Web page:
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Clashes leave 500 dead in Central African Republic

Clashes leave 500 dead in Central African Republic. 51782.jpeg

The UN announced recently that more than 500 people have died in Bangui, capital of the Central African Republic, since November 5, when fighting between local militias was resumed. The death toll is expected to increase in the coming days, according to a spokesman for the UN High Commissioner (UNHCR) for human rights, Ravina Shamdasani.

"While security has improved in recent days in Bangui, we continue to be alarmed by the increase in tension between religious communities in the country," said Ravina. According to the UN, at various points of the capital attacks occurred between Christians and Muslims in the last days, in which several people have died.
"Very serious violations of human rights are committed for religious reasons, as well as looting and destruction of private property. A mosque was torched and another was destroyed earlier this week in Bangui," denounced the spokesperson.

The situation is also tense in other cities, such as Bouca, Bossangoa and Bozoum, where there is "a vicious cycle of attacks and reprisals." According to the UN, 27 Muslims were killed last week by militias known as anti-Balaka in the city of Bohong, near Bouar.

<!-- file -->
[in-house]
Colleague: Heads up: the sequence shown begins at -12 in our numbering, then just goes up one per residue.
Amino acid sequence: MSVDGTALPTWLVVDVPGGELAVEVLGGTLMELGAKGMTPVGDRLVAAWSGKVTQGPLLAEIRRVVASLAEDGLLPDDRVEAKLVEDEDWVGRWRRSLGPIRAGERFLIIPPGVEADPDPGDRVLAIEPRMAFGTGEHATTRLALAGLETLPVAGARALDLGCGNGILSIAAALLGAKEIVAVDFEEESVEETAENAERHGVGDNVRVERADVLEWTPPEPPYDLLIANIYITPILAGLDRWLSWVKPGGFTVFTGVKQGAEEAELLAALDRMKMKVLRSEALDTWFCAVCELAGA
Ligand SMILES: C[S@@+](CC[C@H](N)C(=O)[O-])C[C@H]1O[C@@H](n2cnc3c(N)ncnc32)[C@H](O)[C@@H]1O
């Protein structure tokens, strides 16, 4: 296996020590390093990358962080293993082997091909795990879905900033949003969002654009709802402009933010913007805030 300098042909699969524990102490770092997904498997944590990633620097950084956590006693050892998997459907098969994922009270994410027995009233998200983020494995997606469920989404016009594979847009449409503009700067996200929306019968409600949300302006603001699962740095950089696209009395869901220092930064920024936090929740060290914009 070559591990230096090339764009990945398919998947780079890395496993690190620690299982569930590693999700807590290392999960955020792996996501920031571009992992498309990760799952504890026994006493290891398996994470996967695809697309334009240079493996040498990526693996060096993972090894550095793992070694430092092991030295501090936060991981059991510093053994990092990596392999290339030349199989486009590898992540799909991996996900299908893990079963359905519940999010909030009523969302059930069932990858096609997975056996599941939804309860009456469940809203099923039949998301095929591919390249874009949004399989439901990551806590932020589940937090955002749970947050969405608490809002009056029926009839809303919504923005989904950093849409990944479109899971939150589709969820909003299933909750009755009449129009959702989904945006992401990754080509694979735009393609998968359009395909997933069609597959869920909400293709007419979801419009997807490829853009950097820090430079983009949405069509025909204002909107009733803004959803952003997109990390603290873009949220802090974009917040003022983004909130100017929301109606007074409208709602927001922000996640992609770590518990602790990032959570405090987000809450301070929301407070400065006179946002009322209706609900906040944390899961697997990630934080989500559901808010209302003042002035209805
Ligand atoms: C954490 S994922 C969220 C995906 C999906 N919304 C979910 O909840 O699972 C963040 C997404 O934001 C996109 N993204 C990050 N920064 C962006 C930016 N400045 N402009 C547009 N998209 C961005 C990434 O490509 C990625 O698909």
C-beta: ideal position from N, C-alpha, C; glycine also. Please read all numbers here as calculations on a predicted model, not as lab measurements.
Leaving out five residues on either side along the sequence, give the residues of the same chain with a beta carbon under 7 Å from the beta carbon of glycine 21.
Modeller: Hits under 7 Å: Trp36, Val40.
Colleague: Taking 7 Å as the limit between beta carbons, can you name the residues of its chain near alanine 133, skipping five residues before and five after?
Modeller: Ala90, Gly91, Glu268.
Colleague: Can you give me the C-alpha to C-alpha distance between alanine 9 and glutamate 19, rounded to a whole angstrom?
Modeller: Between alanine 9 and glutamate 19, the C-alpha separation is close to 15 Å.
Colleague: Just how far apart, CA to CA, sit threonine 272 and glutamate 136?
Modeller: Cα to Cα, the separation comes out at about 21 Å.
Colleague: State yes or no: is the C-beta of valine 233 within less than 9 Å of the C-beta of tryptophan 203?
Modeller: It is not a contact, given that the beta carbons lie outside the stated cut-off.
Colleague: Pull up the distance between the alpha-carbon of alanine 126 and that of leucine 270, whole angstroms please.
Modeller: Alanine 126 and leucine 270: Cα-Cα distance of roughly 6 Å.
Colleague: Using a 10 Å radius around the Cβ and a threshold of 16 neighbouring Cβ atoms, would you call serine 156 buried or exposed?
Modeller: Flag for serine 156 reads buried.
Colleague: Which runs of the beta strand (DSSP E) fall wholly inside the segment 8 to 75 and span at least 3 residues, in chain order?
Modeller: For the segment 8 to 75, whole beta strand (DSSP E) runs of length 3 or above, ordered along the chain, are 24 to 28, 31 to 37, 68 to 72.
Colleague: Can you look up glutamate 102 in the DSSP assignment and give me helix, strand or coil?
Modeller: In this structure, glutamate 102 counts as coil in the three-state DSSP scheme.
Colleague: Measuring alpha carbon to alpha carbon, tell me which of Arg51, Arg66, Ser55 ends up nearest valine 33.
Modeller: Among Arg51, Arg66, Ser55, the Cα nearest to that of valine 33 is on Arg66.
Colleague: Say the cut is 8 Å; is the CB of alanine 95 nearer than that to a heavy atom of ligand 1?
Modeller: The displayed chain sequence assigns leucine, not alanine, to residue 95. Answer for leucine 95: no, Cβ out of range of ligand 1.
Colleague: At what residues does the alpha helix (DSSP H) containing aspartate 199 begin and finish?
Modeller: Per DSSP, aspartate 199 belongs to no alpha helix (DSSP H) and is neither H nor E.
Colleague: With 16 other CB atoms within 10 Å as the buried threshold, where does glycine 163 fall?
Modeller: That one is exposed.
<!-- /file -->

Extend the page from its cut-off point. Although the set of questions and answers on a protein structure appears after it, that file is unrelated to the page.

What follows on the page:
Clashes between Seleka militias of the Muslim faith, and anti-Christian Balaka groups, intensified last week, hours before the UN authorized military the intervention of France alongside an African peacekeeping force with a mandate to "protect the civilian population and restore order."

The conflict has caused the displacement of 159,000 people who were forced to leave their homes, according to the latest data from the UN High Commissioner for Refugees (UNHCR), which accounted for three days on this number 108,000.

"In Bangui airport about 38 thousand people live as refugees without access to toilets, running water and without a roof to protect them from rain and sun," the UNHCR spokesman Adrian Edwards said. In addition, approximately 12 thousand people are settled in Saint Joseph Mukassa Church in Bangui.
According to the UNHCR, IDPs urgently need food, shelter, soap and other basic necessities and 460 of these people need urgent medical attention, among which include 101 pregnant women and three newborn babies.


Meanwhile, the UN agency has distributed relief to 3,500 families in Bangui, "a number still relatively small for our needs," Edwards admitted.

The exodus of population caused by the crisis has already reached neighboring countries like the Democratic Republic of Congo, which has received about 1,800 refugees, mainly coming from Bangui and Zongo and hosted in Libenge.

Source: Opera Mundi

Translated from the Portuguese version

Olga Santos


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